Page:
Thursday, March 25, 2010

RIP Dave

So the way I'll remember Dave is this:

One night a couple of months back, my bro and I were going to a shindig at a bar in the district where he typically works secondary. There was a guy in plainclothes near the corner, wearing a ski mask. I remember these piercing blue eyes looking at us.

As we got about ten feet away, my bro looked closely and asked, "Haynes??".

Dave lifted up his ski mask and with a huge grin asked, "How'd you know it was me?". We all busted out laughing together. And that's how I'll remember him. Smiling from ear to ear.

Prior to becoming an officer Dave served as a Marine in Iraq. The text below is something I thought was pretty profound. I'm unsure of the author, but wanted to share it as it sent chills down my spine and brought tears to my eyes. Please feel free to copy it and pass it on.


There are some things you just can’t do without suffering casualties… very literally and profoundly, and our job is one of them. You can’t race cars without crashes. You can’t dig mines without cave-ins, and you sure as hell can’t send cops out into the streets of a violent society without violent deaths.

Our fallen brothers and sisters knew that and did it anyway… as we all do or have done.

Their friends will tell you they did the job because they loved it, and any of us who can’t say that should envy them for it. At least they died as rare and precious people, doing what they loved to do, and doing it for the noblest of reasons. That is something we can never explain outside our profession.

You see you can’t be a good cop simply because you couldn’t find another job. You can only be a good cop because you want it. And there is an answer to why they died, something I learned a half world away many years ago as a young Marine, preparing to face an enemy in combat for the first time. It was then that my Sergeant explained that, like it or not, there are only three rules in war:




You see when soldiers advance, knowing the enemy is near, there is always one man way out in front of everyone else. His duty is to look and listen and sense that first contact, to spot the enemy, pinpoint the ambush, fire that first shot, and as a consequence, take those first shots.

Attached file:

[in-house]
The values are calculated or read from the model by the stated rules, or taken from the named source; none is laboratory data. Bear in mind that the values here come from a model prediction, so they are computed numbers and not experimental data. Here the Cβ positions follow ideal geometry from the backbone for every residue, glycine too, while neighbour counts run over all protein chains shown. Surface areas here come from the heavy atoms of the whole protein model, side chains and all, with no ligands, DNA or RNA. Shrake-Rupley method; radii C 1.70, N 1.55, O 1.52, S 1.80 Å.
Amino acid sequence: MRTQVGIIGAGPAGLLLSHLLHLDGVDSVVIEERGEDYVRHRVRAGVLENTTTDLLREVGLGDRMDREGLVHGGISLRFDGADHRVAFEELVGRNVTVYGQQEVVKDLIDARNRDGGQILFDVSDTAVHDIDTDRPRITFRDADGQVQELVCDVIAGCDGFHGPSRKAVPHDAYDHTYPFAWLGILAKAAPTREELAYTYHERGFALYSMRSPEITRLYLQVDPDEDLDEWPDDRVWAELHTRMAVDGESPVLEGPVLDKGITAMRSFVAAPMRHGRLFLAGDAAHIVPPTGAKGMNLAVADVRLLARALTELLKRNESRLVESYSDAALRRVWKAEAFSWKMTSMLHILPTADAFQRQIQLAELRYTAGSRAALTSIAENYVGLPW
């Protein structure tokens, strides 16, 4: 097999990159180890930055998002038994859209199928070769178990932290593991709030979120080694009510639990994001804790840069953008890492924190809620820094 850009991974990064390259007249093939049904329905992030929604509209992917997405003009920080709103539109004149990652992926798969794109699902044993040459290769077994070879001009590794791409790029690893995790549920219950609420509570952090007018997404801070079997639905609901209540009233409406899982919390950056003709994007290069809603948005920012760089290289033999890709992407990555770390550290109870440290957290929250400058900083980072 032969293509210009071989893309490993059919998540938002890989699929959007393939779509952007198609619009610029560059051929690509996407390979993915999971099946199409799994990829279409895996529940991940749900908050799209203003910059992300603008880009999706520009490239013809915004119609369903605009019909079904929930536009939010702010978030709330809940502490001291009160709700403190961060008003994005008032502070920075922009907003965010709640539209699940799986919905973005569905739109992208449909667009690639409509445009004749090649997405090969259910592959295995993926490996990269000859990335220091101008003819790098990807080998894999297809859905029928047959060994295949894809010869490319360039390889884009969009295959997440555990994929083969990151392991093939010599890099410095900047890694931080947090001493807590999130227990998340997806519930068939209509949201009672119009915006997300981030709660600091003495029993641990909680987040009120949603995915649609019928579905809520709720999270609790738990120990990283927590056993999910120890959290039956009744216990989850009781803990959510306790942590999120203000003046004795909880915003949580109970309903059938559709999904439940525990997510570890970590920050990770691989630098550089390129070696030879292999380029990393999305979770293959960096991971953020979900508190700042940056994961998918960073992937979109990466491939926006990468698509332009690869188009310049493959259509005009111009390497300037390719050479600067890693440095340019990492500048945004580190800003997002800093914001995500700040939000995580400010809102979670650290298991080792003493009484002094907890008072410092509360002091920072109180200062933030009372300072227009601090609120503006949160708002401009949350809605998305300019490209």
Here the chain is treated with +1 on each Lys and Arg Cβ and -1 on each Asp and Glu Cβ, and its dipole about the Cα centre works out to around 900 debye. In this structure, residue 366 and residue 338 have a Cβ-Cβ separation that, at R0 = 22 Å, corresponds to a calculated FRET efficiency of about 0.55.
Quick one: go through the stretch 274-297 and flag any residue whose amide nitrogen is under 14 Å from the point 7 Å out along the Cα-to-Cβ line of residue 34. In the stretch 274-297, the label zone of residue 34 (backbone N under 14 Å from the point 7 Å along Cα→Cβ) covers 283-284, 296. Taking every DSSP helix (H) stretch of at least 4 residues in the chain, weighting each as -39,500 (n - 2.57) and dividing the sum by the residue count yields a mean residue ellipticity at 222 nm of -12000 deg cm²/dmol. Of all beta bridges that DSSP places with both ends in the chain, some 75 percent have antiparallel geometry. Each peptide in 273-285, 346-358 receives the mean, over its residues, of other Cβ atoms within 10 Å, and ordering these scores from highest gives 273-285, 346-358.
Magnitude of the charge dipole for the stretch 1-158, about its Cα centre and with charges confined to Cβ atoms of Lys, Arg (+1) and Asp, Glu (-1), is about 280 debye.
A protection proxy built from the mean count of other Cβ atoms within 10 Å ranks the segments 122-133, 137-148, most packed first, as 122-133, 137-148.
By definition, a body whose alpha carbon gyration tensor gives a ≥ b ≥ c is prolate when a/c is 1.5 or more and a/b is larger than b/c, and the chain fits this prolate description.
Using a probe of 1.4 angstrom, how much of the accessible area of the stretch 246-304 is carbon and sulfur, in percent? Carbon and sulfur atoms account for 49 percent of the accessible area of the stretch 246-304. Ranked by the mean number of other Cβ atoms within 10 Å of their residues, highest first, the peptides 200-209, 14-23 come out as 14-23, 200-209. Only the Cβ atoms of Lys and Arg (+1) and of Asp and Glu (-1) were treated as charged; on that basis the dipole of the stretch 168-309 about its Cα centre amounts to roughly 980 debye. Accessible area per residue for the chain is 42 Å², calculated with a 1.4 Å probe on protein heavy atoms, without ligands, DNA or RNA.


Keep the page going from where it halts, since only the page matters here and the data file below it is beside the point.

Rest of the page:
It offends the logical mind and denies the instinct for survival. It ages and saddens and wizens, and frequently kills those who take their turn “WALKING THE POINT." But it must be done, or there will be no protection for the rest, just more bloodshed and more grief…for the "POINT MAN" is there to save lives, even if he gives his own in the process.

Society might not be a company of soldiers, but it certainly has and needs someone walking the point. Every time you go out the station door. Every time you answer a radio call, every time you stop to check out something suspicious, you are "WALKING THE POINT"...And you can’t change rule number one.

If I could say something directly to the people of our society, it would be this. I know some of you will remember our fallen brothers and sisters, but that’s not good enough. I want you to honor them for what they did for you... that which they needn’t have done.

I’m not just talking about that day or night that a "ROUTINE" call or traffic stop went horribly bad. I mean what they did for you day after day, in darkness and light, rain or shine, on holidays and on their loved one’s birthdays. Without even expecting a "THANK YOU" in return.

They volunteered to "WALK THE POINT."


  1. I'm an LEO wife and I want to say thanks for such a profound post.

    People just don't get it in HOW an LEO sacrifices, whether in a heavily populated, crime-ridden city or seemingly "peaceful" rural community.

    Sometimes that "walking the point" comes in a personality change from the pre-LEO to the hardened individual that deals with stupidity on a regular basis.

    Thanks again for this and I hope many read it so they may understand a little more of what it means to be behind the badge.

  2. Found my way from Meadowlark...

    And, of course, this is now being copied to my page...thank you.

    And peace to you all in dealing with a loss. Every one effects us all.